Significant and complex barriers have and continue to obstruct the realization of trans* equality in much of Latin America. In recent years, however, policy makers across the region have begun to show greater sensitivity to the abuses faced by trans* persons. This has shown up in numerous legal and policy initiatives, such as public education campaigns and comprehensive anti-discrimination laws. It is in the dual areas of legal recognition of gender identity and assisting those who seek to medically transition, however, that a number of states in Latin America have had a particularly meaningful impact and are at the forefront of global reform.
The recent positive steps towards the legal recognition of gender identity in Latin America have manifested themselves in a number of ways. In 2009, the Parliament in Uruguay passed a landmark statute on the legal recognition of trans* people (BBC 2009). The law, which begins by affirming that “everyone has the right to the free development of their personality according to their own gender identity”, permits individuals to amend their name and gender (either male or female) in the official civil register and on all identity documentation, such as passports and birth certificates (Tobin 2009). The right to affect a legal name change has also won approval in Ecuador, where the Office of the Ombudsman successfully argued that the anti-discrimination protections in Art. 2 of the new Constitution entitled five trans* people to be issued with amended identity cards (Alliance 2010). In Peru, the First Civil Courtroom (“Primera Sala Civil”) of the Superior Court of Lima ruled, in August 2012, that a trans* woman, Fiorella Vincenza Cava Goicochea, was entitled to change the name and sex markers on her identity papers (Hidalgo 2012). The Court ordered the District Municipality of Miraflores to issue Ms. Cava Goicochea with rectified documents. Similarly, in 2010, a court in Chile held that access to genital reconstruction surgery could not be a prerequisite for a trans* man to change the name and sex on his legal documents (ILGA 2010).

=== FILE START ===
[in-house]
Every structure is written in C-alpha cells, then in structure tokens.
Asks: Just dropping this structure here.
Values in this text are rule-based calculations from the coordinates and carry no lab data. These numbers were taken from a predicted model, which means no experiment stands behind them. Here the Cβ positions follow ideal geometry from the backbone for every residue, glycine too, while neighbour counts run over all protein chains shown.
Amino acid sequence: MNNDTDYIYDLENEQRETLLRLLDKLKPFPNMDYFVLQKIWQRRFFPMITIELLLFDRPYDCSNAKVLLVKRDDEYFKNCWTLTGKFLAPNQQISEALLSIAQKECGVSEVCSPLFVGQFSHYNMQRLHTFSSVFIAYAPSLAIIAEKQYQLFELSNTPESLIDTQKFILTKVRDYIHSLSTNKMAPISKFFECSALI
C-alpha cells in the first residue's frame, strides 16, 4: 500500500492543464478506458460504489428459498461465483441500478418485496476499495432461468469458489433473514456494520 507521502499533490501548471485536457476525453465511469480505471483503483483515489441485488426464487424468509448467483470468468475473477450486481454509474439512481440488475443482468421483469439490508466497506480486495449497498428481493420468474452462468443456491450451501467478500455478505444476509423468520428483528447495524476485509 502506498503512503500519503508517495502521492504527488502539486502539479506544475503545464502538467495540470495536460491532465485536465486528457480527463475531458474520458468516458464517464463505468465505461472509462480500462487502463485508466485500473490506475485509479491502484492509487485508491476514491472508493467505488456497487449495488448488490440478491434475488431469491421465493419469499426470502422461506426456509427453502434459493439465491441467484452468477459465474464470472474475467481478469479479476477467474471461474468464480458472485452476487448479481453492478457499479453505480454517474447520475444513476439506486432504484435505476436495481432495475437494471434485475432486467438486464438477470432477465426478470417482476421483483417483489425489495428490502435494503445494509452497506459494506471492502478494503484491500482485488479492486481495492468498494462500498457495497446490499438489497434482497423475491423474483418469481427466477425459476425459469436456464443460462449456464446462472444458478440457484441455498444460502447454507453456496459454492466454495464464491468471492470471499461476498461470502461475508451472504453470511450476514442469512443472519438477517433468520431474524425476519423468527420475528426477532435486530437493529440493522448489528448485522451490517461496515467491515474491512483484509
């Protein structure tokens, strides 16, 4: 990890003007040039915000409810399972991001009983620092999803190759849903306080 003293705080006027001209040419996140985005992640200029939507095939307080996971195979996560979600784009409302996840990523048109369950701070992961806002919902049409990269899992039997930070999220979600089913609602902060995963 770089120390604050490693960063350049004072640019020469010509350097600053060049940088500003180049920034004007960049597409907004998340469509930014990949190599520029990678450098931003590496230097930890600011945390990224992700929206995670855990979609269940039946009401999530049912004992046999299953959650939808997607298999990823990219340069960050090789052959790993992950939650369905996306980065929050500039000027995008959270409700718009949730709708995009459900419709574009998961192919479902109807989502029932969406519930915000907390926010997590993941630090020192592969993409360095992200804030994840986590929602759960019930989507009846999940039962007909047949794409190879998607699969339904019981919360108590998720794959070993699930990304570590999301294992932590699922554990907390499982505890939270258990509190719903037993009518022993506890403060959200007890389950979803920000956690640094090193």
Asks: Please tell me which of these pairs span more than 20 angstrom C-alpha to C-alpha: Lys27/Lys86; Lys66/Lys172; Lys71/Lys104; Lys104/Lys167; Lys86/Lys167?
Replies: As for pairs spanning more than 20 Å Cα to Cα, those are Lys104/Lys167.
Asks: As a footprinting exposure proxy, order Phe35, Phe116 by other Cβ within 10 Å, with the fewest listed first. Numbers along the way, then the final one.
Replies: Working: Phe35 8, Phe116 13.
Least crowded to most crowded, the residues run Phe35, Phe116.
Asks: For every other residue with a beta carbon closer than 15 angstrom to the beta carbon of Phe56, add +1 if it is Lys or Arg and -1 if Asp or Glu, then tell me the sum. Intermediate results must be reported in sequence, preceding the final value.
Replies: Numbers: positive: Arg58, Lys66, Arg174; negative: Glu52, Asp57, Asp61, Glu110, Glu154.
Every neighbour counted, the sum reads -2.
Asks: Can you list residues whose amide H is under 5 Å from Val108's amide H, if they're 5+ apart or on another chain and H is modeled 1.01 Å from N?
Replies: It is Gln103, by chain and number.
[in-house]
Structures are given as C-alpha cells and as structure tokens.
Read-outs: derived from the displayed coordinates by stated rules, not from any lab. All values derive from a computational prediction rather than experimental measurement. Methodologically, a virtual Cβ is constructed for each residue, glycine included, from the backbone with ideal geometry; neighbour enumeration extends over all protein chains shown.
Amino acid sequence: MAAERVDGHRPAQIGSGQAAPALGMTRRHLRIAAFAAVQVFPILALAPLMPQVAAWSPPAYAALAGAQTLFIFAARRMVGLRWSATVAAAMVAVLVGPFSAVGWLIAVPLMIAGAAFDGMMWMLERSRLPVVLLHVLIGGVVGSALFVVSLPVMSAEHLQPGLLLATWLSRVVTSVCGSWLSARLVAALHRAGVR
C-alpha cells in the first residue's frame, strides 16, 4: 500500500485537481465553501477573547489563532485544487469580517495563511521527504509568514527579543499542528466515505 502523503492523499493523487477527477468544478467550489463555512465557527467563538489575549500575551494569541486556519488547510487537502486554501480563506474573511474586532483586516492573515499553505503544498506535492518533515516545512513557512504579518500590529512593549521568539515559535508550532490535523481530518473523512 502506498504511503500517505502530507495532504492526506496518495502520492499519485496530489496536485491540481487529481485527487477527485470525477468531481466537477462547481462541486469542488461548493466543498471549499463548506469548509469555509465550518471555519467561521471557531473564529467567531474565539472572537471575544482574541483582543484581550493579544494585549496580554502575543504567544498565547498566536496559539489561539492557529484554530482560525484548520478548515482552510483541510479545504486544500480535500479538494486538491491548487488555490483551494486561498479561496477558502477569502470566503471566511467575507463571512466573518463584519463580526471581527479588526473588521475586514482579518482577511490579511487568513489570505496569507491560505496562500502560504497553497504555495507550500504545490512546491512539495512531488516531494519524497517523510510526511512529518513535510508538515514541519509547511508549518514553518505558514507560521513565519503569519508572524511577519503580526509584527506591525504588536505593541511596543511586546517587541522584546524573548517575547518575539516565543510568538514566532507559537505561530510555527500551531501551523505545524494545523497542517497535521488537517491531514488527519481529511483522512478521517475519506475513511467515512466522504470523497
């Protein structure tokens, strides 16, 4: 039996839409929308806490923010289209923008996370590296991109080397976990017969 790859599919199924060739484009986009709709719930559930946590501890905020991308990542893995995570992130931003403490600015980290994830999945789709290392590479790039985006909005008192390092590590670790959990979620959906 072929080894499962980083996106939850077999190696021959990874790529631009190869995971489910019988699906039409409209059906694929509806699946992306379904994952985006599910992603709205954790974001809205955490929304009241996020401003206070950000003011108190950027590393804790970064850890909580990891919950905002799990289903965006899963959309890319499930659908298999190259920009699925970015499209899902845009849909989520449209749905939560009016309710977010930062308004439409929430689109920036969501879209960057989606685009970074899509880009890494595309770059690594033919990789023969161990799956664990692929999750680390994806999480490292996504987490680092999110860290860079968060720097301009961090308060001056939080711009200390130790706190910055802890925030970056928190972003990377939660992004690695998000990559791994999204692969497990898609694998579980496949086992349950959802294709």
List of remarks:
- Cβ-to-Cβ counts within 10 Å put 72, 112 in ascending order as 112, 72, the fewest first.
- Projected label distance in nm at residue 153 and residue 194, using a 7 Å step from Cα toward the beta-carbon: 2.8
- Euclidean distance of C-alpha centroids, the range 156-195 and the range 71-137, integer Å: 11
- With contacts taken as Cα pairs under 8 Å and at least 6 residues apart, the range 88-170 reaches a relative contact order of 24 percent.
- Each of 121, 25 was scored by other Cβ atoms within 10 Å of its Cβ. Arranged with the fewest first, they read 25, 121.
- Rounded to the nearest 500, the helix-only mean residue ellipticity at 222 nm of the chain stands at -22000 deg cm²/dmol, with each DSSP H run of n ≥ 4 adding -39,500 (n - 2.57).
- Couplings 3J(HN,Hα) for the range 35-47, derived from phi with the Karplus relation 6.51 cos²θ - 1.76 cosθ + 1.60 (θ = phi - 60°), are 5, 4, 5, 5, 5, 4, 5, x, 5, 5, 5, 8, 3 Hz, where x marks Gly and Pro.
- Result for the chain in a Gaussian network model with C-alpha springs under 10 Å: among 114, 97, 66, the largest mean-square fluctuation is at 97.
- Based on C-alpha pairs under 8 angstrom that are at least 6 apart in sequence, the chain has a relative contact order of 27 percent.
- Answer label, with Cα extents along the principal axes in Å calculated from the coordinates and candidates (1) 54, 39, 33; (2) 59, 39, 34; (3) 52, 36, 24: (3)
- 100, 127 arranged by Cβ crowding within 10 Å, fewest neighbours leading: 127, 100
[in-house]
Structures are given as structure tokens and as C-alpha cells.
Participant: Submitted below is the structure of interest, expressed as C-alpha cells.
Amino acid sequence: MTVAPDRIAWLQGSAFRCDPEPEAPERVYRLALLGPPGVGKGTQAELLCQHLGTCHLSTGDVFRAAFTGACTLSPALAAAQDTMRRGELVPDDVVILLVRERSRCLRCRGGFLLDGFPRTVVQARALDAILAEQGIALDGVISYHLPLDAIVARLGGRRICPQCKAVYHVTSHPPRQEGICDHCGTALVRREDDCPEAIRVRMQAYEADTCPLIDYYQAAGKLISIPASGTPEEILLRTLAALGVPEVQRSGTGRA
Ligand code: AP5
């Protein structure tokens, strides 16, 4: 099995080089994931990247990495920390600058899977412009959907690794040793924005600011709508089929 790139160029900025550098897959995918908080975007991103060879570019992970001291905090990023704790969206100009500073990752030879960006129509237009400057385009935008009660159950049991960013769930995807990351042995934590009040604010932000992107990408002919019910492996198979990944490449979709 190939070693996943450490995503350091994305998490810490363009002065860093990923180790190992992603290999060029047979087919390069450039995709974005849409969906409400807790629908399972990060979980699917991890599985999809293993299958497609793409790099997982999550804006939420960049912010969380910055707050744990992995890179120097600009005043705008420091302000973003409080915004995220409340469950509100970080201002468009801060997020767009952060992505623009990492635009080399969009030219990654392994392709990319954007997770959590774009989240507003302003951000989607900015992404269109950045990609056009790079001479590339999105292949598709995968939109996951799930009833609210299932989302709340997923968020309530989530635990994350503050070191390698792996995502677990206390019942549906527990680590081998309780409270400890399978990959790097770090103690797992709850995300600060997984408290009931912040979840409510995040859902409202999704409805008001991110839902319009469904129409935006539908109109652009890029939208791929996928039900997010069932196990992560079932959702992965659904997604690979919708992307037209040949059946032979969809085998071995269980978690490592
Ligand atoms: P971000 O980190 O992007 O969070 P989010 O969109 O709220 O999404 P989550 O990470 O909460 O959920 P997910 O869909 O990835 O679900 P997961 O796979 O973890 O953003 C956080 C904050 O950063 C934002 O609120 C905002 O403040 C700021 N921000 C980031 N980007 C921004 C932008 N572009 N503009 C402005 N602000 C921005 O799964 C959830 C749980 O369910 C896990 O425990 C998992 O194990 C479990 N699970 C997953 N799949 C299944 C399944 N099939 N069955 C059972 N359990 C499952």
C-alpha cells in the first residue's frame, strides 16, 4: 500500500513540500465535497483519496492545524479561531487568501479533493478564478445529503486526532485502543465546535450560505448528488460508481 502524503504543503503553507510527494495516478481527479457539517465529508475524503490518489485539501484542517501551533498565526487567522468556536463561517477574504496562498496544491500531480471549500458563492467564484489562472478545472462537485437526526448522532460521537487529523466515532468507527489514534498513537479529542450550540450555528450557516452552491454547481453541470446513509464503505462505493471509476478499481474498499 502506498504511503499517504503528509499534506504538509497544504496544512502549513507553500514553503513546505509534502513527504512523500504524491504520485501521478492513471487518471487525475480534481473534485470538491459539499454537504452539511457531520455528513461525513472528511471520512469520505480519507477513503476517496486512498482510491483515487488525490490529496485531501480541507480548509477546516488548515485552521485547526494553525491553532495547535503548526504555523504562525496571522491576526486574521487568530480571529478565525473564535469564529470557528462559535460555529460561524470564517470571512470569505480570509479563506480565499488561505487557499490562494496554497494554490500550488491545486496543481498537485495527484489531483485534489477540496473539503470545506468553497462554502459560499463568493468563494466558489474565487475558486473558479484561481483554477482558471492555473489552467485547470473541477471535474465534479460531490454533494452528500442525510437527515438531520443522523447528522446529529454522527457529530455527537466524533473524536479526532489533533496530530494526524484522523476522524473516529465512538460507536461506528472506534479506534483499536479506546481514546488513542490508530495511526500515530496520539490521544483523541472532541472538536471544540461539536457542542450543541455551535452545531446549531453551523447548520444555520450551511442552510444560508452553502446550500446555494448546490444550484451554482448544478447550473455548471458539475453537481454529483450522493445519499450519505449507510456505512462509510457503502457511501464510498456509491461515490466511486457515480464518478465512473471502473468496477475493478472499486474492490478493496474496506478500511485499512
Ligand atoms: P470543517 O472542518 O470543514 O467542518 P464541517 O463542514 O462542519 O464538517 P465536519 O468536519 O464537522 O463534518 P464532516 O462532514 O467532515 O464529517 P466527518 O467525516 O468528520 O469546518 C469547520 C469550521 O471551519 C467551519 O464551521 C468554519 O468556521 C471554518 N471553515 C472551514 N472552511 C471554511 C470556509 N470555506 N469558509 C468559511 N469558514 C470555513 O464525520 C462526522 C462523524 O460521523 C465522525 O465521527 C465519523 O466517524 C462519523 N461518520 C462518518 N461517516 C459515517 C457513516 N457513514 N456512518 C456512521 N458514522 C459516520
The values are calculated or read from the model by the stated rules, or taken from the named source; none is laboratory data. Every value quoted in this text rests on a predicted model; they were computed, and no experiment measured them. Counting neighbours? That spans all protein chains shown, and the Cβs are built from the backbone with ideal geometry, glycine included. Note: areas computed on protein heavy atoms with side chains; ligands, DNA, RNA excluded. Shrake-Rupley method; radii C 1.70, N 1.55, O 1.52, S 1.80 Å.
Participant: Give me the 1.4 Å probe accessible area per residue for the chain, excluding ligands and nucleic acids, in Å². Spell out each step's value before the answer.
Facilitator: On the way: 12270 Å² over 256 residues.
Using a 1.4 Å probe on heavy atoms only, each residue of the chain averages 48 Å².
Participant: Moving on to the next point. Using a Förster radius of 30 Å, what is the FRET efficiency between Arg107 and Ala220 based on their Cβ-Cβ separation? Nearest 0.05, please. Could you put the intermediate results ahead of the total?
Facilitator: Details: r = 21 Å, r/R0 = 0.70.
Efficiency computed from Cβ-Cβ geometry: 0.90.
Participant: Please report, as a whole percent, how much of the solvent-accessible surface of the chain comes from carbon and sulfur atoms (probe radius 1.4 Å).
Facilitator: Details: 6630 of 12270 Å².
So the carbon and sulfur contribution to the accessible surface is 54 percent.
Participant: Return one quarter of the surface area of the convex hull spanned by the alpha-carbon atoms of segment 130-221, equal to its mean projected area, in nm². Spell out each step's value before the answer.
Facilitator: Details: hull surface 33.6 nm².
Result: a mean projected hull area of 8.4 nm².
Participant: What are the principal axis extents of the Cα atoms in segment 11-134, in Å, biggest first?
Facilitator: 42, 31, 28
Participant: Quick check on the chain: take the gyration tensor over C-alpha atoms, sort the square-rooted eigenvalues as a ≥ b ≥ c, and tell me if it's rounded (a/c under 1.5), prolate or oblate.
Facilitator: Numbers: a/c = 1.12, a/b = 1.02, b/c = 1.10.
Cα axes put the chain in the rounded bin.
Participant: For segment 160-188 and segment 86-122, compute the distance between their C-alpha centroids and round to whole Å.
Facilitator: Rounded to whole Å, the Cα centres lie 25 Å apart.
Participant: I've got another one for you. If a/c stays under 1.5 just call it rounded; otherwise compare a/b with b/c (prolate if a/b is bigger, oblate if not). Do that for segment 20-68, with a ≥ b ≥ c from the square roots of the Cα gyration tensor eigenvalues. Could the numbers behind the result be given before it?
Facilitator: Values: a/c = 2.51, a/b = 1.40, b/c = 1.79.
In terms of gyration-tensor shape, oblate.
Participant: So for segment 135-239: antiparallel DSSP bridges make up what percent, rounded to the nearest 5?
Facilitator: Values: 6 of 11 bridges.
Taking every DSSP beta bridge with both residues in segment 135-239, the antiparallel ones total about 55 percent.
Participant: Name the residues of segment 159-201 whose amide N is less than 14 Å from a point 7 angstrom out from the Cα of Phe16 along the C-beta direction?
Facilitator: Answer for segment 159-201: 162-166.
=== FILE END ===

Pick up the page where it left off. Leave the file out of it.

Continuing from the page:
In Cuba and Brazil the authorities have gone beyond the legal recognition of gender identity and begun offering free public health services to trans* individuals. In Chile, the authorities are slated to begin providing similar services from 2013. In Cuba, Resolution 126 of 4th June, 2008, issued by the Ministry of Public Health, established a specialized centre in Havana for the provision of integrated care, including counselling, hormone therapy and sex reassignment surgery (Gorry 2010). In addition, CENESEX, the high-profile sex education centre run by Mariela Castro, daughter of the President, Raul Castro, has continued to advance the National Strategy of Care for Transsexuals, bringing together officials from all levels of Government including the education, labour and justice ministries (Acosta 2008). In January 2010, CENESEX, along with the Cuban Multidisciplinary Society for Sexual Studies (SOCUMES) and the National Commission for Comprehensive Attention to Transsexual People (“The National Commission”), issued a joint-declaration supporting the declassification of transsexuality as an illness (Gorry 2010). In Brazil, the Fourth Regional Federal Court in Rio Grande do Sul ruled in 2007 that the Ministry for Health was required to provide free sex reassignment surgery to qualifying individuals or it would face a fine of five thousand dollars per day (AP 2007). The Court agreed with federal prosecutors that the absence of publicly funded surgeries violated the constitutional right to medical care. In Chile, the Health Minister, Jaime Manalich, announced in May 2012 that, starting in 2013 (Harrison 2012), free or subsidized sex reassignment surgery would be available to individuals in that country (Poladian 2012). Entitlement will be determined by a person’s income bracket and may directly benefit up to four thousand people (Poladian 2012).
All of these new measures represent, as Uruguayan activist, Diego Sempol states, an incredible “step forward” for trans* communities in Latin America (BBC 2009). Legally recognizing an individual’s self-identified name and gender is an express acknowledgement on the part of governments across the region that trans* individuals face a real risk of violence and discrimination when they present in a way that does not conform with the gender markers on their personal documents. Similarly, in making hormone treatment and sex reassignment surgery freely available through the public health care system, the authorities in Cuba, Chile and Brazil are removing a financial obstacle which had previously prevented thousands of people from receiving appropriate and much-needed care. However, in addition to the clear, tangible advancements for the rights of trans* people introduced by these new initiatives, there are a number of additional developments which, while perhaps less noticeable, are no less important and which, when compared with prevailing trends in Europe and North America, place Latin American policy makers at the forefront of recognizing gender identity.